Las Vegas Sun

July 17, 2024

Sun wins national media award for telling the story of gambling addiction

Bottoming Out

Tony McDew not only recognized that he had a gambling problem, but set out to document it with his own video camera, hoping that sharing his experience could help others. When the jackpot hits, "It feels like you're getting high." And when it doesn't? "You want to crucify yourself."

The Las Vegas Sun has won a national broadcast journalism award for its examination of gambling addiction, becoming the first print-based news organization to receive the award for multimedia storytelling.

The Sun was one of 13 winners of the Alfred I. duPont-Columbia University Awards, announced this morning in New York City. Other winners include CBS News’ “60 Minutes,” ABC News’ “20/20,” BBC News America, PBS’ “Frontline” and National Public Radio.

“This extraordinary group of duPont winners represents the best in broadcast journalism,” said Ann Cooper, outgoing jury chair and director of the broadcasting program at the journalism school. “Despite the economic challenges and rapid changes facing the news industry, this year’s powerful and innovative winners show that broadcast news continues to have an important and vital place in people’s lives and in society at large.”

The duPont Awards, established in 1942 and administered since 1968 by Columbia University’s Graduate School of Journalism, are considered to be the most prestigious broadcast journalism awards and the equivalent of the Pulitzer Prizes, which also are administered at the journalism school.

The Sun was honored for “Bottoming Out: Gambling Addiction in Las Vegas,” which judges called a “compelling and informative look at the human toll of compulsive gambling as well as the brain behavior and science of the gambling industry. The series is strengthened by a powerful video diary following one man’s descent into gambling addiction, with strong interactive engagement.”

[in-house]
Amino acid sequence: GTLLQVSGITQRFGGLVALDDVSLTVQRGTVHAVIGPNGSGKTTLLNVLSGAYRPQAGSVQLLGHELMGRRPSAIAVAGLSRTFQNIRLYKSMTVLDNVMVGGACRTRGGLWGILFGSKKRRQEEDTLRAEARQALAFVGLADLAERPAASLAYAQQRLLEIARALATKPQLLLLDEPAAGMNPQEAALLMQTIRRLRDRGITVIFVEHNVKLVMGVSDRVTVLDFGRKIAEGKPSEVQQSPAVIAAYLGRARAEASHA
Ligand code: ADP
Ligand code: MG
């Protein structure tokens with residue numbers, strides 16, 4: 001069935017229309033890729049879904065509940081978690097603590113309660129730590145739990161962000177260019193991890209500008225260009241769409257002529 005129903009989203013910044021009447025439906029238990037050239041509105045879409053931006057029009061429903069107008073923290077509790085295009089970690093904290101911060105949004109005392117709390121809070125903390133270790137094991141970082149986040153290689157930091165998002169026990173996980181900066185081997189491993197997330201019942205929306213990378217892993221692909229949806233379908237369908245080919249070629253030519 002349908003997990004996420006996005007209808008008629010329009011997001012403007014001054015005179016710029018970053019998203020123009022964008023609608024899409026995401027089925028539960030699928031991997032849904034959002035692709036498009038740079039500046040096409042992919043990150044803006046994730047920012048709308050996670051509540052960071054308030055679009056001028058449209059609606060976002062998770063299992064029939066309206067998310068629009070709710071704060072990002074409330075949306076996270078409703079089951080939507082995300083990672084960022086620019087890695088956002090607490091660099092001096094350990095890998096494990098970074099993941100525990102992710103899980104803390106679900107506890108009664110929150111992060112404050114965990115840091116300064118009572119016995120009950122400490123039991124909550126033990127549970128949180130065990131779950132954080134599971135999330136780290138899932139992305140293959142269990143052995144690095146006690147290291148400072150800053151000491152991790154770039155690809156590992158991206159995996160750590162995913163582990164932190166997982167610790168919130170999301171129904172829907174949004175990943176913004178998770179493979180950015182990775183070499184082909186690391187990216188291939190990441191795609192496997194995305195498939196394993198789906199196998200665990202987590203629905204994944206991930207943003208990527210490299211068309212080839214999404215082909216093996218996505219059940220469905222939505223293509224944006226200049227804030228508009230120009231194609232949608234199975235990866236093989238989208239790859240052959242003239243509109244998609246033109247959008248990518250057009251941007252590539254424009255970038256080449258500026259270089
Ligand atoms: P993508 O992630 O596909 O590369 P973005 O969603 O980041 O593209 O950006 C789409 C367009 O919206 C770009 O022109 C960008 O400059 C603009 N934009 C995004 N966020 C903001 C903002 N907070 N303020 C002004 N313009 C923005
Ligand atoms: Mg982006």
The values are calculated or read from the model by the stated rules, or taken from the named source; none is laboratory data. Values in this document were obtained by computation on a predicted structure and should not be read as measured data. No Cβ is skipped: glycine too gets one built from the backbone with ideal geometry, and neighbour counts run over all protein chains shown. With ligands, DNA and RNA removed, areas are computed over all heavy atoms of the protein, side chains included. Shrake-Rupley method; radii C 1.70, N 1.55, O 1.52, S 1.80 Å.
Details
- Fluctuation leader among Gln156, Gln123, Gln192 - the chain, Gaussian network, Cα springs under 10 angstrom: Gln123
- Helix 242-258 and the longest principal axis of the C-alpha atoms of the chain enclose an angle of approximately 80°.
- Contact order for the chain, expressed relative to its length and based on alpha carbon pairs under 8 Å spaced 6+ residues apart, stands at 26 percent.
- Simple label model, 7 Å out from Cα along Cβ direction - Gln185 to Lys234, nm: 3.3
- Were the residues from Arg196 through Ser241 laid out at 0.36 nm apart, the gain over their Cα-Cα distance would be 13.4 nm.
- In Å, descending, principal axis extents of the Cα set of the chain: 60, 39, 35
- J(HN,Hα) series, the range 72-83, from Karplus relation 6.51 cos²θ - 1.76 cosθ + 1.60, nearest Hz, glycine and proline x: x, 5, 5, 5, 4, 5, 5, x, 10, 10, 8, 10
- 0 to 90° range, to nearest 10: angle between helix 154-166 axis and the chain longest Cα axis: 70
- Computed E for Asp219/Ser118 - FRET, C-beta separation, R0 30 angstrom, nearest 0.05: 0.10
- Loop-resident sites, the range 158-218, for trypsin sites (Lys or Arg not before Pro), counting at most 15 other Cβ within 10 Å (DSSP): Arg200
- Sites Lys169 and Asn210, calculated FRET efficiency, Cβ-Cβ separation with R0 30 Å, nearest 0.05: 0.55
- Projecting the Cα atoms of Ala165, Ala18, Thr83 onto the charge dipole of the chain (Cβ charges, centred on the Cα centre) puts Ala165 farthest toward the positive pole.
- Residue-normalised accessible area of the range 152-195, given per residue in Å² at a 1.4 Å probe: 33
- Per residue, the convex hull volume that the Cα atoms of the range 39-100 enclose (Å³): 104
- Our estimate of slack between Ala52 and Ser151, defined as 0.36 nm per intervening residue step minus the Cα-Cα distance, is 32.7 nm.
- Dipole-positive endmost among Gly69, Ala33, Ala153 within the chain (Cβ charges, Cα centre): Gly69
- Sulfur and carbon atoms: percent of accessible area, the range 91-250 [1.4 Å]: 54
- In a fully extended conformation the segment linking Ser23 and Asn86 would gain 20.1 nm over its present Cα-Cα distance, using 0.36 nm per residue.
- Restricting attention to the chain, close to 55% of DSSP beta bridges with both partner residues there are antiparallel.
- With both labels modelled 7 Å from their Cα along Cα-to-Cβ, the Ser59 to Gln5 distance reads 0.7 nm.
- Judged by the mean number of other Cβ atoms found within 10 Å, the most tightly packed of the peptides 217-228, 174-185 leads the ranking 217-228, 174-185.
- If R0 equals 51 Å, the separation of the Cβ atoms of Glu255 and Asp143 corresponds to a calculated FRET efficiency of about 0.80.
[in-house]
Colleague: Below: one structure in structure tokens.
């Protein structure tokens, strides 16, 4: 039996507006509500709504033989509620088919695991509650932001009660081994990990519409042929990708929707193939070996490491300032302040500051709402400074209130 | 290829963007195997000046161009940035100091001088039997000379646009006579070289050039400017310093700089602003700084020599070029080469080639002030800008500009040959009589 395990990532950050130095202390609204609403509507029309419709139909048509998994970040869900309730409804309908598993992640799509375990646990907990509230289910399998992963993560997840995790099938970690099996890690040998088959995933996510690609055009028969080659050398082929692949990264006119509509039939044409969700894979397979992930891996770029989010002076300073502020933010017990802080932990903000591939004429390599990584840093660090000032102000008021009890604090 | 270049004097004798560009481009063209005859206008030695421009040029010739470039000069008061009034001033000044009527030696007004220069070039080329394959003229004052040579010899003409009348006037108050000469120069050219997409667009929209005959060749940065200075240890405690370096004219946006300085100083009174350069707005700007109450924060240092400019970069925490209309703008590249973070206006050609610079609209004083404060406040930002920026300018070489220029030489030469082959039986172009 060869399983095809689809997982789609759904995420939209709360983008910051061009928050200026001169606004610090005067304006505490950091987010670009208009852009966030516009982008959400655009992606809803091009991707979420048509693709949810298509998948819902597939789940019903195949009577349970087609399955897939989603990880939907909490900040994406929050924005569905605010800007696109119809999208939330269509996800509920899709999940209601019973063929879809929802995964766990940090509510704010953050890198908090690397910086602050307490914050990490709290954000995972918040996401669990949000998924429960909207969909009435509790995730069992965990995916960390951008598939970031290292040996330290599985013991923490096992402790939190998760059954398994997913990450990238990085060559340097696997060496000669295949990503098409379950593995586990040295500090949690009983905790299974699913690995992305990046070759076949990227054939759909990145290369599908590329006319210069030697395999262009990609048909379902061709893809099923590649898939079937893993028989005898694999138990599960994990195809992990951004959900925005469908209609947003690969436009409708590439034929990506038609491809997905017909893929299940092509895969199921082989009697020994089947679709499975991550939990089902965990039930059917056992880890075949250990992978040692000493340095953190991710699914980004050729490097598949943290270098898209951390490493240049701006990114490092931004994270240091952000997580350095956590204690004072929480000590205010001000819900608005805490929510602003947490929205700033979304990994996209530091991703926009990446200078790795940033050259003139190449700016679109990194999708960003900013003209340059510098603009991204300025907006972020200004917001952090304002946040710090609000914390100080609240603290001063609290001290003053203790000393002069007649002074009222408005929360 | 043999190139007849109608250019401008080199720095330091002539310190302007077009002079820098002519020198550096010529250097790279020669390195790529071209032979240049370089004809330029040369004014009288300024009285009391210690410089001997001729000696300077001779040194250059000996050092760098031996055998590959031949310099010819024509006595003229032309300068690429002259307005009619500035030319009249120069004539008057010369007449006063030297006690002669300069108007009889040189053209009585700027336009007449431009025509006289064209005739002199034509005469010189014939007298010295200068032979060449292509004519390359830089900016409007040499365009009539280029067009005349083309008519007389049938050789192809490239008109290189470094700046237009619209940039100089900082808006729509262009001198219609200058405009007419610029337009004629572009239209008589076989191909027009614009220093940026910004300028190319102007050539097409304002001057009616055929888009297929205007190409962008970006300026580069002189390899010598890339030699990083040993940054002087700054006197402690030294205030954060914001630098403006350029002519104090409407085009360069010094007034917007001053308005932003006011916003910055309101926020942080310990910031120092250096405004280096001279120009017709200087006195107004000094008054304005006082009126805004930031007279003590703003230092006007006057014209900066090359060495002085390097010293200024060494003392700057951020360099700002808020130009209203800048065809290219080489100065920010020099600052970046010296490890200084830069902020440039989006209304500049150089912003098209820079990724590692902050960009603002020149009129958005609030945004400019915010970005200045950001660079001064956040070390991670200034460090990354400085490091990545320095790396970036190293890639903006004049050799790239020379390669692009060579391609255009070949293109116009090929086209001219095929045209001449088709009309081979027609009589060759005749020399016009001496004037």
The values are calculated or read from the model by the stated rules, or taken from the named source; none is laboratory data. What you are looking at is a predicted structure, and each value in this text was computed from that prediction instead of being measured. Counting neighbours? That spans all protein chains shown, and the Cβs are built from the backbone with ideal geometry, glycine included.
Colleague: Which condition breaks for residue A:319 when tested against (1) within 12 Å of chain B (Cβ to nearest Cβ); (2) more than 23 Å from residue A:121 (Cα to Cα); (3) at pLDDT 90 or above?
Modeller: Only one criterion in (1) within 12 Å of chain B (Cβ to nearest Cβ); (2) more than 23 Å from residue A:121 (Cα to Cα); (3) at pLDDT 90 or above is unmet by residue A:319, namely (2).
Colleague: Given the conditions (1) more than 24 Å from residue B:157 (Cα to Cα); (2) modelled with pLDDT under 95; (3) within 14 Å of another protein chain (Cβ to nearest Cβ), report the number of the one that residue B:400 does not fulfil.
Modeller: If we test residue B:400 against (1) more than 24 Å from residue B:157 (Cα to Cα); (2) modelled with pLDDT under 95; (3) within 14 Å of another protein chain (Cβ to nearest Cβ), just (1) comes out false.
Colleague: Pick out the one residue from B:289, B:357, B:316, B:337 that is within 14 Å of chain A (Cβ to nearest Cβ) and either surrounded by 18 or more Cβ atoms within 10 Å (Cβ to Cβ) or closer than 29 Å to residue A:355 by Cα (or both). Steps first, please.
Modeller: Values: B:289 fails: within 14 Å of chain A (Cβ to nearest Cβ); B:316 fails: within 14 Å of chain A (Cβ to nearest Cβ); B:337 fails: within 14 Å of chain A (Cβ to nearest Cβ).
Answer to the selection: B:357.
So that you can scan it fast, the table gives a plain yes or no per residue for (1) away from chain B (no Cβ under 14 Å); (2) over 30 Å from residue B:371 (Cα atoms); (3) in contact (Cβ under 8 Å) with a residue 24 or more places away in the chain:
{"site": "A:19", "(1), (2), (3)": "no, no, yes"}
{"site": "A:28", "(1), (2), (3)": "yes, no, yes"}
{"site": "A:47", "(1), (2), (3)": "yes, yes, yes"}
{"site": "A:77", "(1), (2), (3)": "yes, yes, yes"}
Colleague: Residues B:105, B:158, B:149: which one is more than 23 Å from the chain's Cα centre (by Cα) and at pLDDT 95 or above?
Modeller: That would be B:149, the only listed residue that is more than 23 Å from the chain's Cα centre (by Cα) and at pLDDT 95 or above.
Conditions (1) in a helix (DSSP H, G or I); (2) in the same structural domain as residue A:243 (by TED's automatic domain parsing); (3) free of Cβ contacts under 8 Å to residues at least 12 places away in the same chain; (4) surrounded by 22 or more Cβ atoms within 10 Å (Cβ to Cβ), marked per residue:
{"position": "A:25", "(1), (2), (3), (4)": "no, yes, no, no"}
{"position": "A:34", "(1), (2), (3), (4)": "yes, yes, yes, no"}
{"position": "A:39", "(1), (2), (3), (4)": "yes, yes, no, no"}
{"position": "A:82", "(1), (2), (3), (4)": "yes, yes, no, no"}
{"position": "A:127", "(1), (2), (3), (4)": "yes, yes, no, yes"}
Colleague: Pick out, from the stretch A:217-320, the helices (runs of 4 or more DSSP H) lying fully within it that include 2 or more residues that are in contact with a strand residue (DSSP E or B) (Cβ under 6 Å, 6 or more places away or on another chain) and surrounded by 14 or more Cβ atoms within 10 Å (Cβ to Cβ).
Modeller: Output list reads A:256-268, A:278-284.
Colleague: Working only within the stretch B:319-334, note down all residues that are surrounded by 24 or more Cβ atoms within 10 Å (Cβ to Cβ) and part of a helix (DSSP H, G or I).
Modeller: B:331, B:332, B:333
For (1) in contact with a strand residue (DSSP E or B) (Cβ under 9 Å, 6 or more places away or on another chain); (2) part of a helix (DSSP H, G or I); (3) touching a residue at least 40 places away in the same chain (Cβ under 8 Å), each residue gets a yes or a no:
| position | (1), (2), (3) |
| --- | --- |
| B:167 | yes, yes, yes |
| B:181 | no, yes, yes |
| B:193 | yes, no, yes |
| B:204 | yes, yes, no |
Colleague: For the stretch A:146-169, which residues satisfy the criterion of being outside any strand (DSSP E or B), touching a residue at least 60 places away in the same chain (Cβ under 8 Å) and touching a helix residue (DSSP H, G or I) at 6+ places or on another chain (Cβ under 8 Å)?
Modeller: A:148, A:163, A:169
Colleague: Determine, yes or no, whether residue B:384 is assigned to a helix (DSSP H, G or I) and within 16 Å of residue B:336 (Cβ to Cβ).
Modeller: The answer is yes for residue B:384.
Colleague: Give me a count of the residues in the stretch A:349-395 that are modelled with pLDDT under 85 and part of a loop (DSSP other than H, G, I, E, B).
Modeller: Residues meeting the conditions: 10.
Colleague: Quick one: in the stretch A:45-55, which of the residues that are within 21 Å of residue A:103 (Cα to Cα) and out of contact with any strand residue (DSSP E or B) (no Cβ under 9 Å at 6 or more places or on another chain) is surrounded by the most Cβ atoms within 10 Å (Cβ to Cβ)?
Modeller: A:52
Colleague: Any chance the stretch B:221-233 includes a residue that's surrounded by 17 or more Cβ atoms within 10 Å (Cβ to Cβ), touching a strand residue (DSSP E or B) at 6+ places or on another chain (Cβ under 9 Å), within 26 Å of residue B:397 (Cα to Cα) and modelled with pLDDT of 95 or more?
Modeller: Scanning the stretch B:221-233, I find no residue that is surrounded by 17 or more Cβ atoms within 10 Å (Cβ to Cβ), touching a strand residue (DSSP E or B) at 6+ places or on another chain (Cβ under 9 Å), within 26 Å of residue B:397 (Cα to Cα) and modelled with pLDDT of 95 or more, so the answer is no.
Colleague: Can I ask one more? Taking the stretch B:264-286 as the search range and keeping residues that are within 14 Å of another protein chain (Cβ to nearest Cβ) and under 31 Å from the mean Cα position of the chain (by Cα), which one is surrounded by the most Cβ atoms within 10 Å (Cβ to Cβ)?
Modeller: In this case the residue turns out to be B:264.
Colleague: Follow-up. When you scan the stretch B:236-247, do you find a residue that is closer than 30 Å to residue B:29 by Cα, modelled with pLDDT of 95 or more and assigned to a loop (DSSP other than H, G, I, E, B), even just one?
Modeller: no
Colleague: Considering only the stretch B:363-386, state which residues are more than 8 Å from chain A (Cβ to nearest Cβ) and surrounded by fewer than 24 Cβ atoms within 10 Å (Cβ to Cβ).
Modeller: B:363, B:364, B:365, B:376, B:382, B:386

Abi Wright, director of the awards, said the jury looked for enterprising and innovative reporting in the public service, and congratulated the Sun for “the courage it takes to cover problem gambling in Las Vegas.”

Cited for their contributions to the project were Scott Den Herder, who conceived the story and was its primary videographer and reporter; Tony McDew, the centerpiece to the story who recorded a video diary of his gambling; reporters Liz Benston and J. Patrick Coolican, Web page designer Danny DeBelius, flash graphics producer Tyson Anderson, photographer Leila Navidi and Rob Curley, the Sun’s senior editor for digital.

The Sun's "Bottoming Out" multimedia series has garnered other national attention and awards this past year. In July, the package was named “best multimedia storytelling among newspapers” from the American Association of Sunday and Feature Editors.

In October, the Online News Association named "Bottoming Out" the winner of its top Online Video Journalism award. At that same competition, the ONA also named the Sun's gambling-addiction project as one of the three international finalists for "Outstanding Use of Digital Technologies" in storytelling.

In June, "Bottoming Out" was named this year the best online enterprise feature for its size category by Editor & Publisher magazine, and it placed second in the National Headliner Awards in the “Journalistic Innovation” category in March.

For a more in-depth look at the different storytelling elements of the "Bottoming Out" series, please read this detailed blog post from Curley, which was posted this summer on his personal site.

This past year, the Sun's website was named as one of the best local news sites in the world by two different international organizations.

In October, the ONA gave the Sun its top honor for news sites, the General Excellence in Online Journalism award.

The General Excellence awards, which the ONA says honor digital journalism that maximizes the use of the Web's characteristics and represents the highest journalistic standards, were also won by, SA LA NACION, The Texas Tribune/ and the California Watch and the Center for Investigative Reporting in their respective categories.

In June, was honored as the best news website in its size class by Editor & Publisher magazine. The Sun shared the award with, which won the large division.

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